Cowboy Quarterback


56m 1939
Cowboy Quarterback

Brief Synopsis

A football scout tries to get a legendary runner back into the game.

Film Details

Also Known As
Lighthorse Harry
Genre
Comedy
Sports
Adaptation
Release Date
Jul 29, 1939
Premiere Information
not available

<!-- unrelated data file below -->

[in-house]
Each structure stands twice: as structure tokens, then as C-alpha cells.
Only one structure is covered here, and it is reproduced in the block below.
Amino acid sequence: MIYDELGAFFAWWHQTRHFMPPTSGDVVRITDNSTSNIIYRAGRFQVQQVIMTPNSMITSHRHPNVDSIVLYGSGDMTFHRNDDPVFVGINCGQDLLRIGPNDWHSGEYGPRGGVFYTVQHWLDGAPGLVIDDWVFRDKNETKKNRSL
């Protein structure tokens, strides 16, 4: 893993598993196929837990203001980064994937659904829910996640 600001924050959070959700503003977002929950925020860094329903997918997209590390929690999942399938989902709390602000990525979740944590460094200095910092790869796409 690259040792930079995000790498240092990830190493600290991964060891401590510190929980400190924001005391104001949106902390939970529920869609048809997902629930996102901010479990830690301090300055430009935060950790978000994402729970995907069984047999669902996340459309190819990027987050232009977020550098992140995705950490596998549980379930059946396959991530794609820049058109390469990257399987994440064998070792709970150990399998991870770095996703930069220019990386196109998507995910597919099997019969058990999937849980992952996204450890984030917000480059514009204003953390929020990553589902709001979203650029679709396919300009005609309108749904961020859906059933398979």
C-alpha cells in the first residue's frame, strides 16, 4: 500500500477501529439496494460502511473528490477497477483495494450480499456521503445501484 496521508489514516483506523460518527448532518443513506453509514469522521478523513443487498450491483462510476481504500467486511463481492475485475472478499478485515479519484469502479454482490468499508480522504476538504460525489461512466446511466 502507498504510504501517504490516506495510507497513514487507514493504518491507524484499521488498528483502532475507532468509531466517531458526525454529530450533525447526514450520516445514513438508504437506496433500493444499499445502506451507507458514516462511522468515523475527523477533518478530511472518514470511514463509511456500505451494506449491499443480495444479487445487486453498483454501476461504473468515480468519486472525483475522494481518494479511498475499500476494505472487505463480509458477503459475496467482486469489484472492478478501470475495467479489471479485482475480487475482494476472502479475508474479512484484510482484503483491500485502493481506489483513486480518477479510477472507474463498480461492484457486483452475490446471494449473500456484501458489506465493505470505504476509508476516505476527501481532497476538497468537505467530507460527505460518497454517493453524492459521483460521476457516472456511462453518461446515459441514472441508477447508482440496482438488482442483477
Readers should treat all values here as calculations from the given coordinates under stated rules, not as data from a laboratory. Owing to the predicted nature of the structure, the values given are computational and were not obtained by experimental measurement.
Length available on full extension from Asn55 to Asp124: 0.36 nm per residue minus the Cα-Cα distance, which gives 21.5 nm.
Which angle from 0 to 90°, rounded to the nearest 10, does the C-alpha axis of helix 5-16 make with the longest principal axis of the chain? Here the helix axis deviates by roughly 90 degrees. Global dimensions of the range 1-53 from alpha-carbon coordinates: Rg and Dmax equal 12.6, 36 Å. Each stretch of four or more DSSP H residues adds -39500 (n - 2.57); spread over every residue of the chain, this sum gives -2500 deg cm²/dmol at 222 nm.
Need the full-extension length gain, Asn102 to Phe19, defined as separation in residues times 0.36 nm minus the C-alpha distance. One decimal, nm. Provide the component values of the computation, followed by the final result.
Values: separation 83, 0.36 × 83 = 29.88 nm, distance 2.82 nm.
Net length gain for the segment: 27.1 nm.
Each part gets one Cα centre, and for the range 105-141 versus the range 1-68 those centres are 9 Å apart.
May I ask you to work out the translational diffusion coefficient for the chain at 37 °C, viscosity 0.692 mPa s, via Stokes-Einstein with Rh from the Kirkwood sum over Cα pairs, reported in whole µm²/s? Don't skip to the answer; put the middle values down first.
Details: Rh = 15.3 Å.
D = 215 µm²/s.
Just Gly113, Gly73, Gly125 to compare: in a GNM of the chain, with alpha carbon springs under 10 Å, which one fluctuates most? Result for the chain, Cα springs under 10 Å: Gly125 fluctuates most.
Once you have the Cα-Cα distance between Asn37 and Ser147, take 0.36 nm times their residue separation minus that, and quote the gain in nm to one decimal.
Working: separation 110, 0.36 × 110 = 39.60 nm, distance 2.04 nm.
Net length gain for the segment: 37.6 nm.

Production Company
Warner Bros. Pictures, Inc.
Distribution Company
Warner Bros. Pictures, Inc.
Country
United States
Screenplay Information
Based on the play Elmer the Great by Ring Lardner and George M. Cohan (New York, 24 Sep 1928).

Technical Specs

Duration
56m
Film Length
6 reels

Synopsis